When might radiation be used?
Radiation is often part of the treatment for soft tissue sarcoma cancer. Your healthcare provider may advise radiation therapy:
Before surgery to try to shrink the cancer . Radiation may be used as the first treatment to try to shrink the tumor. This can make it easier to remove. It can be helpful for tumors that might otherwise be too large to remove with surgery. Sometimes shrinking the tumor can allow the surgeon to do a less extensive operation. When radiation is used before surgery, it’s called a neoadjuvant therapy.
After surgery to try to kill any cancer cells left. When radiation is used after surgery, it’s called an adjuvant therapy. This may be used if your healthcare provider isn’t sure all the cancer cells were removed.
Instead of surgery as the main treatment if surgery is not an ideal option. Surgery may not be the best option depending on a person's medical condition, overall health, and the size and location of the cancer.
As supportive (palliative) care to help ease symptoms caused by tumors that can't be treated by other methods like chemotherapy or surgery. Or it may help ease symptoms from cancers that have spread to other organs.
To plan your whole treatment strategy, you'll meet with a team of cancer specialists. This might include a surgeon, radiation oncologist, and medical oncologist.
What happens during radiation
There are 2 main types of radiation to treat soft tissue sarcomas. They include:
External beam radiation. The most common way to receive radiation for soft tissue sarcoma is from a machine outside your body, a type of X-ray machine. It focuses beams of radiation at the cancer often from different angles. This is called external radiation. Special types of external radiation, such as intensity-modulated radiation therapy (IMRT) or stereotactic radiosurgery (which is radiation, not traditional surgery), are often used to try to limit the doses of radiation reaching nearby normal cells.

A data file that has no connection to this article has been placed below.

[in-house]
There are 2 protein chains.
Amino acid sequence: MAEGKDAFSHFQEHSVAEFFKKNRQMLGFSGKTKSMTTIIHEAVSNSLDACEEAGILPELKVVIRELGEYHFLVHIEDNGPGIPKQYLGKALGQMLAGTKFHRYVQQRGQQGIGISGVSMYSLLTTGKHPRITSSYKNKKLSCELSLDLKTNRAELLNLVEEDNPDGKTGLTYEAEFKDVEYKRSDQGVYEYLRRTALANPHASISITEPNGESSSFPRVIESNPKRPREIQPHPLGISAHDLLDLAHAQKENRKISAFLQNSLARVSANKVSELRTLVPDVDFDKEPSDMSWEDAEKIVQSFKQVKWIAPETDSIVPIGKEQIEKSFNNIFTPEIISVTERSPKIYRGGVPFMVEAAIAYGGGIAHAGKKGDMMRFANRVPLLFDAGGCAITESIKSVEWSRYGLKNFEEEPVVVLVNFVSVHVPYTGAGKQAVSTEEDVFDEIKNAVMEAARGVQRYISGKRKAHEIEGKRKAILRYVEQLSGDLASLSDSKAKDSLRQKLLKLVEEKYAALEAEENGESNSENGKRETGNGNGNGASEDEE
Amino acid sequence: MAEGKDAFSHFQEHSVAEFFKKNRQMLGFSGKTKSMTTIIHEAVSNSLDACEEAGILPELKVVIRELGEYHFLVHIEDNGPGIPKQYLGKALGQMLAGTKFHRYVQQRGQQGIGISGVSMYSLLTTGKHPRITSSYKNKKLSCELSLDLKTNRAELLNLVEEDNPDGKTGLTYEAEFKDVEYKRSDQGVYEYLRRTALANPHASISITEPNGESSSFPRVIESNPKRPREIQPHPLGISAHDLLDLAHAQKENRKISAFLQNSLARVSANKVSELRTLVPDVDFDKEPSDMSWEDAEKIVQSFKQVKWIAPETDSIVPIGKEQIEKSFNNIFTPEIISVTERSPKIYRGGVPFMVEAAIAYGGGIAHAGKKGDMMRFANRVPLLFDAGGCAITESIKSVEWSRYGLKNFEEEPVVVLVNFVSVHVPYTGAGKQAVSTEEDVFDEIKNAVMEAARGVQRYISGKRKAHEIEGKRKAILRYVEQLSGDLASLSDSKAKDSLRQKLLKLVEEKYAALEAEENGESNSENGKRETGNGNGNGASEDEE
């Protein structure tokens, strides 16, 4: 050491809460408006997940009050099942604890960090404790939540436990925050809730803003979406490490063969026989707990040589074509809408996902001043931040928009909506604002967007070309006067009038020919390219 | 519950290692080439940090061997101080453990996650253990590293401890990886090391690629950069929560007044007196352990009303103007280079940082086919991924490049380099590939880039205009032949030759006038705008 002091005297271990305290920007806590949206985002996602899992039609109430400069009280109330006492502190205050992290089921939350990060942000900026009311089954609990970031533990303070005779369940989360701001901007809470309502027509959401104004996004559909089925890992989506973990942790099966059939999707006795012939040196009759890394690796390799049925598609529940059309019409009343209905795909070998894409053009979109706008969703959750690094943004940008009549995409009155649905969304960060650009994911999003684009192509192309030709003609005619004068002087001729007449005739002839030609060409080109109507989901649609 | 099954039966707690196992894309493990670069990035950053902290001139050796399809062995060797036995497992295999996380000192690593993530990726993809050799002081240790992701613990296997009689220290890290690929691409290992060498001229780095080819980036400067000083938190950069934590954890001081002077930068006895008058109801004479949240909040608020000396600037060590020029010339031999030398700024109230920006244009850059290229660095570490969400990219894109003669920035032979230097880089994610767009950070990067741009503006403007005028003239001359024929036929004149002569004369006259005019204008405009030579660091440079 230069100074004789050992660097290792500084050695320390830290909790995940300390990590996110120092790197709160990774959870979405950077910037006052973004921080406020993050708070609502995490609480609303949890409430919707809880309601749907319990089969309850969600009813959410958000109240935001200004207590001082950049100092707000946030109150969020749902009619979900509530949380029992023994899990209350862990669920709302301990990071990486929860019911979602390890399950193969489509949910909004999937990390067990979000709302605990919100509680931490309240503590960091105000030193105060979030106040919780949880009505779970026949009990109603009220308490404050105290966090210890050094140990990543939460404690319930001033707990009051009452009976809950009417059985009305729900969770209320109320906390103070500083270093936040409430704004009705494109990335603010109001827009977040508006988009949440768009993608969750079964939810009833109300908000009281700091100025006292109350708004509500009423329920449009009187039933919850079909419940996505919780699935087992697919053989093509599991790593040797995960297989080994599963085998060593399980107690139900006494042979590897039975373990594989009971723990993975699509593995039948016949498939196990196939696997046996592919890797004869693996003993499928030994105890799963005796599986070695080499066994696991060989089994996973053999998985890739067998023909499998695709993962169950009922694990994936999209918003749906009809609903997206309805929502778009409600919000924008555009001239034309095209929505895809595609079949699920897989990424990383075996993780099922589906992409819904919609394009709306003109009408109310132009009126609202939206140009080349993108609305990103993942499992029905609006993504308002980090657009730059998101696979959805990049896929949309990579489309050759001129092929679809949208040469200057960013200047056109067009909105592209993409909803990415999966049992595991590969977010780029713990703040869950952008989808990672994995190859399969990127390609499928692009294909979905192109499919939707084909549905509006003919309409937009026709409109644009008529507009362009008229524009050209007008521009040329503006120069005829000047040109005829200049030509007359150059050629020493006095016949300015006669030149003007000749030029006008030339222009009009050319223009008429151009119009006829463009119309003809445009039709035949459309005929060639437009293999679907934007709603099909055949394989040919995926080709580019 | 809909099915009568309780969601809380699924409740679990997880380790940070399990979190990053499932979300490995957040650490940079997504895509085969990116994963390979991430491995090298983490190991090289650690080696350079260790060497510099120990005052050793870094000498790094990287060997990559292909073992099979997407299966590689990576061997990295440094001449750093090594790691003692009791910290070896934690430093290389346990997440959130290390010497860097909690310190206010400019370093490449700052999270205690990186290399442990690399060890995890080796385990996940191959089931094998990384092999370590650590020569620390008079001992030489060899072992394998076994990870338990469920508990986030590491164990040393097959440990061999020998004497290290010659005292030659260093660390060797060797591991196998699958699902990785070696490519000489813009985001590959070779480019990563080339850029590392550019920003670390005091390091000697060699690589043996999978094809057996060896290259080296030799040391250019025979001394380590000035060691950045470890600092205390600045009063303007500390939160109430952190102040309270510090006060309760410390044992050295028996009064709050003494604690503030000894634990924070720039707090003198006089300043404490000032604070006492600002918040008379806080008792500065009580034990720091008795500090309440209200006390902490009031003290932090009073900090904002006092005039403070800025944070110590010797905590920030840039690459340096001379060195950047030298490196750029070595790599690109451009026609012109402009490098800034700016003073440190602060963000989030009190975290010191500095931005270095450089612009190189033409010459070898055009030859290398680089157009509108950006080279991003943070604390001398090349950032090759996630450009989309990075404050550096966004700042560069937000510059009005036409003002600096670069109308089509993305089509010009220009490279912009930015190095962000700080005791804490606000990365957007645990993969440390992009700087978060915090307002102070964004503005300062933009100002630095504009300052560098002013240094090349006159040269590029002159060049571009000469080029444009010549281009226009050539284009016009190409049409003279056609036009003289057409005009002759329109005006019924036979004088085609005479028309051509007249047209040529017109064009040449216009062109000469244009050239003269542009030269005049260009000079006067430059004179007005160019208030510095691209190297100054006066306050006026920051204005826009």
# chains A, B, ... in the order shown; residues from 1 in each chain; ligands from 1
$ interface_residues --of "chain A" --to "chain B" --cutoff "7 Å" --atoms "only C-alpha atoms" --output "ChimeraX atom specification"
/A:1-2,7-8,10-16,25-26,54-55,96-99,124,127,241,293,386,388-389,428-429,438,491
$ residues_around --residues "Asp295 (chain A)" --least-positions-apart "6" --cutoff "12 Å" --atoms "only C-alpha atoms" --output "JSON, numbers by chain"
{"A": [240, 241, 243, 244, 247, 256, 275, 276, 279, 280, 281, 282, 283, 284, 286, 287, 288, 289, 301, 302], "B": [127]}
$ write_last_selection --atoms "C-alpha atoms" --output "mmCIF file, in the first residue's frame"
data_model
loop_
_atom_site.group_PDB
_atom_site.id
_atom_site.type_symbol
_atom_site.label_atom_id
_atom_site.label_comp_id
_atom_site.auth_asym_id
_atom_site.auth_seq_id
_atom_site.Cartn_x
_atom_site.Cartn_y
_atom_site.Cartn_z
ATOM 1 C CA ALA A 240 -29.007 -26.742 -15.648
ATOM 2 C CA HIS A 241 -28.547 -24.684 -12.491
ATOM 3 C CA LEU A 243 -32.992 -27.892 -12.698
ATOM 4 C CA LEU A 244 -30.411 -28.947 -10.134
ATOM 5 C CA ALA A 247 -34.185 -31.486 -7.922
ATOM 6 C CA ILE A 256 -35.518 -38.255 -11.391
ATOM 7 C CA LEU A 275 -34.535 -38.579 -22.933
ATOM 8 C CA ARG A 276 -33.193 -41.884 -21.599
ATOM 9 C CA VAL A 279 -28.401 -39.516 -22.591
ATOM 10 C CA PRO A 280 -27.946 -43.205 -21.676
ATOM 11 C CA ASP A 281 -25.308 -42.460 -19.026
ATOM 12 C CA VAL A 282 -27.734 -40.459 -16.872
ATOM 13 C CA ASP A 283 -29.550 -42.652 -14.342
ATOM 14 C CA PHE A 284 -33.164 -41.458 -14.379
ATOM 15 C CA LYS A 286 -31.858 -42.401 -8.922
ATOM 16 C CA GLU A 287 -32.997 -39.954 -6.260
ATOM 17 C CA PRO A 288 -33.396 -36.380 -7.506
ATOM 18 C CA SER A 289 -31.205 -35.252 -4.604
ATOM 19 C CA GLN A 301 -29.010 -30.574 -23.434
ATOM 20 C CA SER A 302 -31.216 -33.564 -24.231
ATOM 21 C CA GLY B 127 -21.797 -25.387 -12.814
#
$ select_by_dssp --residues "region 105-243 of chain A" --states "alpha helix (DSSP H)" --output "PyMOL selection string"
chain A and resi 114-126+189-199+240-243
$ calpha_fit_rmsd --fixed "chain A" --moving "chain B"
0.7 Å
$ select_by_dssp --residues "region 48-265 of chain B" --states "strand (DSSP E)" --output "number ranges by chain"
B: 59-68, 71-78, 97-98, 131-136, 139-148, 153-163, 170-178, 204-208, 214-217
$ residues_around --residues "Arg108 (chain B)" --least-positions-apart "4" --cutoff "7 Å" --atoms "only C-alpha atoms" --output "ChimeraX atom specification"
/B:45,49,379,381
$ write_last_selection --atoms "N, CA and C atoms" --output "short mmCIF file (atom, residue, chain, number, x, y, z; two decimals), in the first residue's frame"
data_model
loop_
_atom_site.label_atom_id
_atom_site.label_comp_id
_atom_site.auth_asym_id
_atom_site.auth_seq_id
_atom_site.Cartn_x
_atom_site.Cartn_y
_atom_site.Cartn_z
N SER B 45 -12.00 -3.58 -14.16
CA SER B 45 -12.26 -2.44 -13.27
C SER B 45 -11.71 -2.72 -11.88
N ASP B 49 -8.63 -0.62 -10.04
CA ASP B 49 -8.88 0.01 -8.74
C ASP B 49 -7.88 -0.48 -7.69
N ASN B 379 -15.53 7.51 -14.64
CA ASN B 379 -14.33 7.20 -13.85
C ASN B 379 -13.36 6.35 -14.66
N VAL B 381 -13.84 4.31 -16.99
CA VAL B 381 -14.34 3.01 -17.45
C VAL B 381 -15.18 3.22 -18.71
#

Internal radiation (brachytherapy). In this approach, long, thin tubes called catheters are surgically placed into or near the tumor. Small radioactive pellets (seeds) are then put into the catheters to give the radiation. Or a remote-controlled radiation seed (source) is programmed to move in and out of each of the catheters. The radiation travels only a short distance, so it affects mainly just cancer cells.
A healthcare provider who specializes in cancer and radiation is called a radiation oncologist. This healthcare provider works with you to figure out the kind of radiation you need. They also decide the dose and how long you need the treatment.
You can often get external radiation on an outpatient basis in a hospital or a clinic. The standard treatment for external radiation is 5 days a week for several weeks.
Preparing for radiation
Before your first treatment, you’ll have a session to find exactly where on your body the radiation beam needs to be directed. The process is called simulation. This session may take up to 2 hours. During this session, you may have imaging tests such as CT, MRI, or PET scans to help healthcare providers know the exact spot of your tumor to better aim the radiation. Also at this session, you may have body molds made to help keep you from moving during the treatment. Then, you’ll lie still on a table while a radiation therapist uses a machine to define your treatment field. The field is the exact place on your body where the radiation will be aimed. Sometimes it’s called your port. The therapist may mark your skin with tiny dots of semipermanent ink. This is so the radiation will be aimed at the exact same place each time.